Robert Egger, president and founder of the D.C. Central Kitchen in Washington, DC, travels extensively, promoting nonprofit innovation to everyone, from Fortune 500 companies to college campuses. The D.C. Central Kitchen has been featured on Oprah, Nightline, and 48 Hours, and in the pages of The Washington Post, the Financial Times, The Wall Street Journal, and numerous other publications. Egger is the recipient of an Oprah Winfrey-sponsored “Angel” award, the Bender Prize, and a Caring Award. Egger’s new book, Begging for Change, has been called essential reading for nonprofit managers, corporate leaders, and anyone who has ever cared enough to give to a worthy cause.
Maya Lin has won international acclaim for her site-specific art and architecture projects. Since her design for the Vietnam Veterans’ Memorial in Washington, D.C., she has gone on to pursue not one but two careers, creating both art and architecture projects that “propose ways of thinking and imagining that resist categories, genres, and borders,” writes art critic Michael Brenson. Her work has won numerous awards, and a documentary about her work, Maya Lin: A Strong Clear Vision, won an Academy Award in 1996. Represented by Gagosian Gallery in New York, her artwork has been exhibited in museums and galleries throughout the United States.
Paul Goldberger is one of the nation’s leading writers in the field of architecture, design, and urbanism. His work as the architecture critic at The New Yorker—he continues the magazine’s celebrated “Sky Line” column in the tradition of Lewis Mumford and Brendan Gill—has earned him the Pulitzer Prize. Goldberger’s latest book, Up From Zero, an account of the design selection process for rebuilding the World Trade Center site, explains how conflicting pressures have shaped decisions about the project. Other writings include the text for The World Trade Center Remembered, and Manhattan Unfurled. Goldberger was recently appointed the dean of Parsons School of Design, which he regards as a new opportunity to connect design to the world, keeping it fresh, and giving it meaning for our time.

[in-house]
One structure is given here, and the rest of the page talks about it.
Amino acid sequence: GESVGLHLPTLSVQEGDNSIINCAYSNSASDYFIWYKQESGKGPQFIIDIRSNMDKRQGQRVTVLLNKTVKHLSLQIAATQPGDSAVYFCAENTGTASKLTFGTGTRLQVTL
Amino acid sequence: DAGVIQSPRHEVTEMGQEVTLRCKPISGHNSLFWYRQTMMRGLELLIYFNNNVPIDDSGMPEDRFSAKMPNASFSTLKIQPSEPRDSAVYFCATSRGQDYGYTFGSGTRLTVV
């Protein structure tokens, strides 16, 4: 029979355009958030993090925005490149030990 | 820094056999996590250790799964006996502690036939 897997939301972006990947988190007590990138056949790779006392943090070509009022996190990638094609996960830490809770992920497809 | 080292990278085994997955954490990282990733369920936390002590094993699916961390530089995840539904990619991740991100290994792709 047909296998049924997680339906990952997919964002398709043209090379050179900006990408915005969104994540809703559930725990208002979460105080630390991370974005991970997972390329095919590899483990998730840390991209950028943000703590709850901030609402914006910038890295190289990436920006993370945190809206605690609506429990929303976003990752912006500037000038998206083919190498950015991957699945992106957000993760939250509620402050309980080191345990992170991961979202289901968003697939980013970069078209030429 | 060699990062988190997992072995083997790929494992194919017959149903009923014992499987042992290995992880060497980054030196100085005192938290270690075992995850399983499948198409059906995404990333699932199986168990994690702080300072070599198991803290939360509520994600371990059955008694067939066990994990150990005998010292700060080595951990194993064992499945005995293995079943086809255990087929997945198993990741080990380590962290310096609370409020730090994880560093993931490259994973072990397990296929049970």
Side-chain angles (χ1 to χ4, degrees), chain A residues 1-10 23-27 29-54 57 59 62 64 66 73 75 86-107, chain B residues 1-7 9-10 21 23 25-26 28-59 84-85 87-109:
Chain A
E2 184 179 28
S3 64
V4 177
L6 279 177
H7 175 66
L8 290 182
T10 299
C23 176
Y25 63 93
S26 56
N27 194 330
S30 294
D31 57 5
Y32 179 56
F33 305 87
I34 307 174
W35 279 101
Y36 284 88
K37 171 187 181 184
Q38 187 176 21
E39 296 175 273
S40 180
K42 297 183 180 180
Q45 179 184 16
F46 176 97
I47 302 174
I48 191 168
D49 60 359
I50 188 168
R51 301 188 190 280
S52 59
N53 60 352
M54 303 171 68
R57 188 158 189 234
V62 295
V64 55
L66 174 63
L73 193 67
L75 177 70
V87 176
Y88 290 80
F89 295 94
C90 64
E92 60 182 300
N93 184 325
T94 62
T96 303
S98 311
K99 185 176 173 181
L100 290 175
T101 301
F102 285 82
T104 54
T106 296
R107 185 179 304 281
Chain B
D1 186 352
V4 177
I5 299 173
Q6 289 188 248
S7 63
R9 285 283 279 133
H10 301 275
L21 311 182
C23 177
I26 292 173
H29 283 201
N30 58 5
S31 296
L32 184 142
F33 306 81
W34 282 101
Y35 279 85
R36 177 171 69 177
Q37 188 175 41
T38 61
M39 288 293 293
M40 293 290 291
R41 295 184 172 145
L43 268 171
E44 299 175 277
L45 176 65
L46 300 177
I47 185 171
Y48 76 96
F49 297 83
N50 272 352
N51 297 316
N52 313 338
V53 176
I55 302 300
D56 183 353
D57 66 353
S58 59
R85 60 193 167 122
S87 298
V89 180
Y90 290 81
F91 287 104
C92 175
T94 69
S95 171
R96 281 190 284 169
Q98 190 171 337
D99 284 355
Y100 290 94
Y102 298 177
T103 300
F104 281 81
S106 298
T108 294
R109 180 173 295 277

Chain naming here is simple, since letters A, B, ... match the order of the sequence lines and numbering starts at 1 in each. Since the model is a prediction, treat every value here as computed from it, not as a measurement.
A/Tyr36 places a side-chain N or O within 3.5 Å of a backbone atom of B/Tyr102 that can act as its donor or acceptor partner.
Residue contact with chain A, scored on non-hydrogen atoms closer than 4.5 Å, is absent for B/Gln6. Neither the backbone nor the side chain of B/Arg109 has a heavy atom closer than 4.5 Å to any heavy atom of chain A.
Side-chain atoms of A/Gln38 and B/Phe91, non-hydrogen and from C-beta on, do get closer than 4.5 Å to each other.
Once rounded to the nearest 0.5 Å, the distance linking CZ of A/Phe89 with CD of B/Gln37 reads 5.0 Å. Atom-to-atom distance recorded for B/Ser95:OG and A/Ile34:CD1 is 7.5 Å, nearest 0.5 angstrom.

Neil deGrasse Tyson
Neil deGrasse Tyson researches the problems of galactic structure, star formation, and galaxy evolution. His work over the past five years has centered on decoding the history of chemical enrichment and the history of motion of the stars in the Milky Way. Other research interests include dwarf galaxies (which are less than one-tenth the size of our “normal” Milky Way galaxy), and the “bulge” at the center of the Milky Way. As the Frederick P. Rose Director of the Hayden Planetarium, Tyson is known for his ability to translate complex cosmic phenomena into terms non-scientists can comprehend. This fall, Tyson will host Origins, a groundbreaking four-part Nova miniseries described as a cosmic journey to the beginning of time, to air on PBS.
Author and satirist P.J. O’Rourke has earned a reputation as one of America’s premier political critics. O’Rourke is familiar to television audiences from his frequent appearances on VH1 and C-SPAN, and on such programs as Good Morning America. His best-selling books include Parliament of Whores, Give War a Chance, Eat the Rich, and The CEO of the Sofa. Both Time and The Wall Street Journal have called him “the funniest writer in America.” In his most recent book, Peace Kills: America’s Fun New Imperialism, O’Rourke casts a keen and mordant eye on current American foreign policy. Whether dealing with the inner workings of Washington bureaucracy or the shifting political and economic sands of the new world order, O’Rourke has proven himself a keen observer of national and world affairs. His razor-sharp insights never fail to inform and entertain, and the audience may be in peril of injury from laughter.
Acclaimed writer Tobias Wolff, whose works include the memoirs This Boy’s Life and In Pharaoh’s Army, returns to Syracuse University for the season’s first University Lectures presentation. Wolff, at one time a writer-in-residence in the University’s Creative Writing program, also is known for his collections of short stories, including In The Garden of the North American Martyrs, Back in the World, and The Night in Question. His first novel, Old School, was published in 2003. Wolff has edited several anthologies, among them The Vintage Book of Contemporary American Stories. His work is translated widely and has received numerous awards, including the PEN/Faulkner Award, the Los Angeles Times Book Prize, the Rea Award for Excellence in the Short Story, and the Academy Award in Literature from the American Academy of Arts and Letters.